April 07, 2006

Worm grunting

If you happen to be in Sopchoppy, Florida tomorrow, you might want to stop in at the sixth annual Worm Grunting Festival, which offers a unique combination of science and folklore.

The science starts with Charles Darwin's last work, "The Formation of Vegetable Mould Through the Action of Worms, With Observations on Their Habits", which includes a charming account of his experiments:

Worms do not possess any sense of hearing. They took not the least notice of the shrill notes from a metal whistle, which was repeatedly sounded near them; nor did they of the deepest and loudest tones of a bassoon. They were indifferent to shouts, if care was taken that the breath did not strike them. When placed on a table close to the keys of a piano, which was played as loudly as possible, they remained perfectly quiet. Although they are indifferent to undulations in the air audible by us, they are extremely sensitive to vibrations in any solid object. When the pots containing two worms which had remained quite indifferent to the sound of the piano, were placed on this instrument, and the note C in the bass clef was struck, both instantly retreated into their burrows. After a time they emerged, and when G above the line in the treble clef was struck they again retreated. Under similar circumstances on another night one worm dashed into its burrow on a very high note being struck only once, and the other worm when C in the treble clef was struck. On these occasions the worms were not touching the sides of the pots, which stood in saucers; so that the vibrations, before reaching their bodies, had to pass from the sounding board of the piano, through the saucer, the bottom of the pot and the damp, not very compact earth on which they lay with their tails in their burrows. They often showed their sensitiveness when the pot in which they lived, or the table on which the pot stood, was accidentally and lightly struck; but they appeared less sensitive to such jars than to the vibrations of the piano; and their sensitiveness to jars varied much at different times.

It has often been said that if the ground is beaten or otherwise made to tremble, worms believe that they are pursued by a mole and leave their burrows. From one account that I have received, I have no doubt that this is often the case; but a gentleman informs me that he lately saw eight or ten worms leave their burrows and crawl about the grass on some boggy land on which two men had just trampled while setting a trap; and this occurred in a part of Ireland where there were no moles. I have been assured by a Volunteer that he has often seen many large earth-worms crawling quickly about the grass, a few minutes after his company had fired a volley with blank cartridges. The Peewit (Tringa vanellus, Linn.) seems to know instinctively that worms will emerge if the ground is made to tremble; for Bishop Stanley states (as I hear from Mr. Moorhouse) that a young peewit kept in confinement used to stand on one leg and beat the turf with the other leg until the worms crawled out of their burrows, when they were instantly devoured. Nevertheless, worms do not invariably leave their burrows when the ground is made to tremble, as I know by having beaten it with a spade, but perhaps it was beaten too violently.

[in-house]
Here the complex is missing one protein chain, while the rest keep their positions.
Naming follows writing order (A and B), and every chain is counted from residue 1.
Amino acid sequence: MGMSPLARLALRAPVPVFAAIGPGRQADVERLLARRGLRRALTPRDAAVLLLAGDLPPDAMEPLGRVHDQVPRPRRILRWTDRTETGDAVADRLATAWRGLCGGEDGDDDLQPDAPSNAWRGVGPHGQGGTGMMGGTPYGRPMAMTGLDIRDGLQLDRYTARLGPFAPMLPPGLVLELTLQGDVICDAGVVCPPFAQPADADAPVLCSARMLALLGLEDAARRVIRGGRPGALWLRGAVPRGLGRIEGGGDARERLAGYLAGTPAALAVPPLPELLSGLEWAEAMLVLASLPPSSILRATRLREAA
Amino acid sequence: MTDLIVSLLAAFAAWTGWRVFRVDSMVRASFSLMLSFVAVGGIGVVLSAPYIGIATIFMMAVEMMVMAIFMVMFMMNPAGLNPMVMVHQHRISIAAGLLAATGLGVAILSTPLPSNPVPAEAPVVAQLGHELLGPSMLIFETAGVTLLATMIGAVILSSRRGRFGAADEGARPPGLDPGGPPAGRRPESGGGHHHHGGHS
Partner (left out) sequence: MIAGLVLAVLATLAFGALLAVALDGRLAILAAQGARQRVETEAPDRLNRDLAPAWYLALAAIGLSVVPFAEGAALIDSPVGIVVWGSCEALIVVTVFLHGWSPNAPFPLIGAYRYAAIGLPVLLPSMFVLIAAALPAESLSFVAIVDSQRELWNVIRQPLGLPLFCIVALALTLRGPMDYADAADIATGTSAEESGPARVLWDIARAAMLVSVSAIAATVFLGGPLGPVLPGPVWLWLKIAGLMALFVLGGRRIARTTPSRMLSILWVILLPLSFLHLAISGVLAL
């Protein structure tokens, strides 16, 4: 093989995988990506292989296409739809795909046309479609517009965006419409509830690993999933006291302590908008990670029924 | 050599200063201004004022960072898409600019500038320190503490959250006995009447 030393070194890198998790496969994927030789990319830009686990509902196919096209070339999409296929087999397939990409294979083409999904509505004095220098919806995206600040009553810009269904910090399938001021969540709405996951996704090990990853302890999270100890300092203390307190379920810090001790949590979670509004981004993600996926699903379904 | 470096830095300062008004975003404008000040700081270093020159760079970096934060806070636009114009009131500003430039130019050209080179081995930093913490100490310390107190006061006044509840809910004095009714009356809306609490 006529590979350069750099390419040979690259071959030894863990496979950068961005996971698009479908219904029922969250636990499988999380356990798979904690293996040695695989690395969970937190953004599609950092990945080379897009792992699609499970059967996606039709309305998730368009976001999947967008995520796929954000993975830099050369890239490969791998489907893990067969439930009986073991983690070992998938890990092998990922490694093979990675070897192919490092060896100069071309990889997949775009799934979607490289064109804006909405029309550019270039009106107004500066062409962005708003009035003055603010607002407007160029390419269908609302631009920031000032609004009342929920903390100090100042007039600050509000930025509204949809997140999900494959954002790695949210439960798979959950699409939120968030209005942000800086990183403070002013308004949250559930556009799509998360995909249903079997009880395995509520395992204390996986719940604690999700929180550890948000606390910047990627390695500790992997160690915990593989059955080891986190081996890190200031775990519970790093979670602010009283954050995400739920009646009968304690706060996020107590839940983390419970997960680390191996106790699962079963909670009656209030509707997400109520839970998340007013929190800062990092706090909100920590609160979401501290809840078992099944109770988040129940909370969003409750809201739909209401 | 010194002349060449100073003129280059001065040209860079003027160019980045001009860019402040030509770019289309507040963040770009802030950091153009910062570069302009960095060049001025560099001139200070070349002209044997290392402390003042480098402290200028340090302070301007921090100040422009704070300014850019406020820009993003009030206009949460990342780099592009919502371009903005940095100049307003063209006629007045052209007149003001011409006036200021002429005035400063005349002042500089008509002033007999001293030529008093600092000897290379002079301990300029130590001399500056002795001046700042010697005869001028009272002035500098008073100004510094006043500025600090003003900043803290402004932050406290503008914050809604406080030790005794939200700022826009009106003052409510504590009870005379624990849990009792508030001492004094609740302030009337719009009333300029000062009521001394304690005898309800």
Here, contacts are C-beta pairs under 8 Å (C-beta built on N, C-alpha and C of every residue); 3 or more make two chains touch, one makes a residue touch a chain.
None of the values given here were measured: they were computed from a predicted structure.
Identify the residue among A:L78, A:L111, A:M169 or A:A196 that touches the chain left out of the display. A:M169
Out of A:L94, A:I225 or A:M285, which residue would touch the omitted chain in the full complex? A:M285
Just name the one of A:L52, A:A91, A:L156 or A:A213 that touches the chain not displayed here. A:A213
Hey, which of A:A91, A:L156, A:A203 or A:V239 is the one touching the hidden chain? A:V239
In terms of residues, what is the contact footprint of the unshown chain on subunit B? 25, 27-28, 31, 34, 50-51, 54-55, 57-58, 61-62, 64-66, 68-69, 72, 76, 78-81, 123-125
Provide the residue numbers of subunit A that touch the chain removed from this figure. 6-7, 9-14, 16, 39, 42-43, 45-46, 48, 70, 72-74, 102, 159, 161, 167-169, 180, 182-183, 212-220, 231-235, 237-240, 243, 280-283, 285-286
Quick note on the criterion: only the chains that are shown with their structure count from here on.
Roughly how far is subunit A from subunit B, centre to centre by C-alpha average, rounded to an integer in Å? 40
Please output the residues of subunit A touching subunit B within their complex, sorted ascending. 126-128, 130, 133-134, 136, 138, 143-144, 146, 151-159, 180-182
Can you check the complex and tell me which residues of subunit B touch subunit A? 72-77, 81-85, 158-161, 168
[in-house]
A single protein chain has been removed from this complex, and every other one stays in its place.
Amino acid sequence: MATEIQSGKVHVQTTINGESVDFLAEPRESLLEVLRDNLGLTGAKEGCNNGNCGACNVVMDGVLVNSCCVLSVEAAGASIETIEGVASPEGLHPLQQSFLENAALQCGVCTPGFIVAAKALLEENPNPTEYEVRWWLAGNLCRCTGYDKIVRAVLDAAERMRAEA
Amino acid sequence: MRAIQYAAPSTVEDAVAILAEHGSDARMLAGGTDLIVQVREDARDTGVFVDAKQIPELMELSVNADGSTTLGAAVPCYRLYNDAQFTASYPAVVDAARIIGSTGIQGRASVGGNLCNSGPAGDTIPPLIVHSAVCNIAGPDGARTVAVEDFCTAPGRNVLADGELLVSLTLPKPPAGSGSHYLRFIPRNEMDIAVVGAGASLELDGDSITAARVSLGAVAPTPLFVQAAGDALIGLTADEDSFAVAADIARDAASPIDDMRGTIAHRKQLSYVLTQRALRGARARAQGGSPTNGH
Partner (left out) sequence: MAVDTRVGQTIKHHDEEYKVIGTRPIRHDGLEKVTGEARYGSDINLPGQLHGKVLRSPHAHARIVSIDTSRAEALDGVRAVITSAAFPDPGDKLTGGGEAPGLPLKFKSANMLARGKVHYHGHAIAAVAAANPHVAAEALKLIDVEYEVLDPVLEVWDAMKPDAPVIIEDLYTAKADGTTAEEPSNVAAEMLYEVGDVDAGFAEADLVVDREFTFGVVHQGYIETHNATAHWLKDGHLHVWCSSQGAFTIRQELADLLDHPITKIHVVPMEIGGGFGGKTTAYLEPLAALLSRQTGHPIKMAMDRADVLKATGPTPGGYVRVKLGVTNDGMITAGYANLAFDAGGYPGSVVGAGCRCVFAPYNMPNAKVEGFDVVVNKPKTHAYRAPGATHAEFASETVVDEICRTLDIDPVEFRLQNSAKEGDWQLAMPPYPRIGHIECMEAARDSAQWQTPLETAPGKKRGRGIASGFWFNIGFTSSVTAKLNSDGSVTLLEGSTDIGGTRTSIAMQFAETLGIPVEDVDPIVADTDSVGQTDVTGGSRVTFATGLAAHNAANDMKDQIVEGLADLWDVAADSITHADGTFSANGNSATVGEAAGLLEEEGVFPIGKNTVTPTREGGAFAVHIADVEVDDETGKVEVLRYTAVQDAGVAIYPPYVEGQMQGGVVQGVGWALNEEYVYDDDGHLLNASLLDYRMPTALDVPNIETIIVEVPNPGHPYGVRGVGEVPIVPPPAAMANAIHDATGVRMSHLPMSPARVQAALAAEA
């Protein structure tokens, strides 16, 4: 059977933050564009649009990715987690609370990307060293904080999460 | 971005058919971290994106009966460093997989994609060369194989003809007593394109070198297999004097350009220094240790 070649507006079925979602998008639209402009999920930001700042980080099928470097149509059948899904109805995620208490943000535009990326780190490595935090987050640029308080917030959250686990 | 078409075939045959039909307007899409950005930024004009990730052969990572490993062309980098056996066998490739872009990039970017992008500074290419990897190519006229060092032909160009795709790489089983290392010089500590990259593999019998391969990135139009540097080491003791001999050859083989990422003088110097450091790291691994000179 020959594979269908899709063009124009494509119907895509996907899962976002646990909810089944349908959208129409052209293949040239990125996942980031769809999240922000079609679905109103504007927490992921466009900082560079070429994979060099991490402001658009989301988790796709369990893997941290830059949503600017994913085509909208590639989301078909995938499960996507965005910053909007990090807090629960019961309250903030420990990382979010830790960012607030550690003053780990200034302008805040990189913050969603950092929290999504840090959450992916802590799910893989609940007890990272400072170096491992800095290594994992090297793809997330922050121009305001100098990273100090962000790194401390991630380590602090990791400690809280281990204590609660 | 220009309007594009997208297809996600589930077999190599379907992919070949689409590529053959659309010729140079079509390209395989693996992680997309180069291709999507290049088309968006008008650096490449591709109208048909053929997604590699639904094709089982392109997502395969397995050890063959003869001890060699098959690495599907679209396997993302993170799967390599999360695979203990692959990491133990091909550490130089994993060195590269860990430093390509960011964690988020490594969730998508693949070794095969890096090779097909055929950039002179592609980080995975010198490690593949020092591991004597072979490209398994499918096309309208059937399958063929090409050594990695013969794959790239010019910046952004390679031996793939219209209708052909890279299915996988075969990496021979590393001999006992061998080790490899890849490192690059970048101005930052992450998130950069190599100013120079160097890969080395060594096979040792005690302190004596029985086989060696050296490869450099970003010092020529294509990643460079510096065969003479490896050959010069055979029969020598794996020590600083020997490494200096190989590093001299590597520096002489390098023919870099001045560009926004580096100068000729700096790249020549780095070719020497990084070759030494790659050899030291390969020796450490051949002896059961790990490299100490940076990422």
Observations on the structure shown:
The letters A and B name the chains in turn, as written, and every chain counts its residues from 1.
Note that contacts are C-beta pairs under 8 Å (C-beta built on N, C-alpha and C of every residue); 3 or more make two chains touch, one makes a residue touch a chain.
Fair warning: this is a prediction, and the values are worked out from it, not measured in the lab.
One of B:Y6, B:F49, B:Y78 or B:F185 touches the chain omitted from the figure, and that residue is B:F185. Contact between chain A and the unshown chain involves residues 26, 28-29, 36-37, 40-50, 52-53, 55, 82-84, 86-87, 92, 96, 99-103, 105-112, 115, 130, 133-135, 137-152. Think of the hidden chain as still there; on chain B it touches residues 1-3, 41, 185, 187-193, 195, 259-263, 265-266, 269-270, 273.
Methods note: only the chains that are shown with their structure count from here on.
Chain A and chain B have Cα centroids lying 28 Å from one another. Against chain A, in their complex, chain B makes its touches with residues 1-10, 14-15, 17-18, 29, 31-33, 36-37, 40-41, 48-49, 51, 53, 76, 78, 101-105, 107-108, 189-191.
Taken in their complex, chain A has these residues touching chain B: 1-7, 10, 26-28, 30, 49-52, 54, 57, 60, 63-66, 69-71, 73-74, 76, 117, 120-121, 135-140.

According to a 4/7/2006 story by Kevin Begos in the Tampa Tribune, the folklore involves "[t]he backwoods craft of rubbing a metal bar against a wood stake [which] produces vibrations that drive earthworms out of the ground. Sopchoppy might be the only place where people make their living harvesting wild earthworms this way, then selling them to bait shops as far away as the Midwest."

"I do have two children, and they can both grunt worms. Absolutely. It's something that I want to hand down to them," Debbie Chane said. "It was something that my daddy handed down to me and his daddy handed down to him. I want them to know a little bit of their heritage and their tradition."

Darwin would have been enthralled. But what I want to know is, what is the scientific explanation for the folkloric secret of worm-calling that eluded Darwin? Was it really a matter of amplitude, as he speculated? Or did his spade produce the wrong vibration spectrum, whacks as opposed to grunts?

Posted by Mark Liberman at April 7, 2006 09:46 AM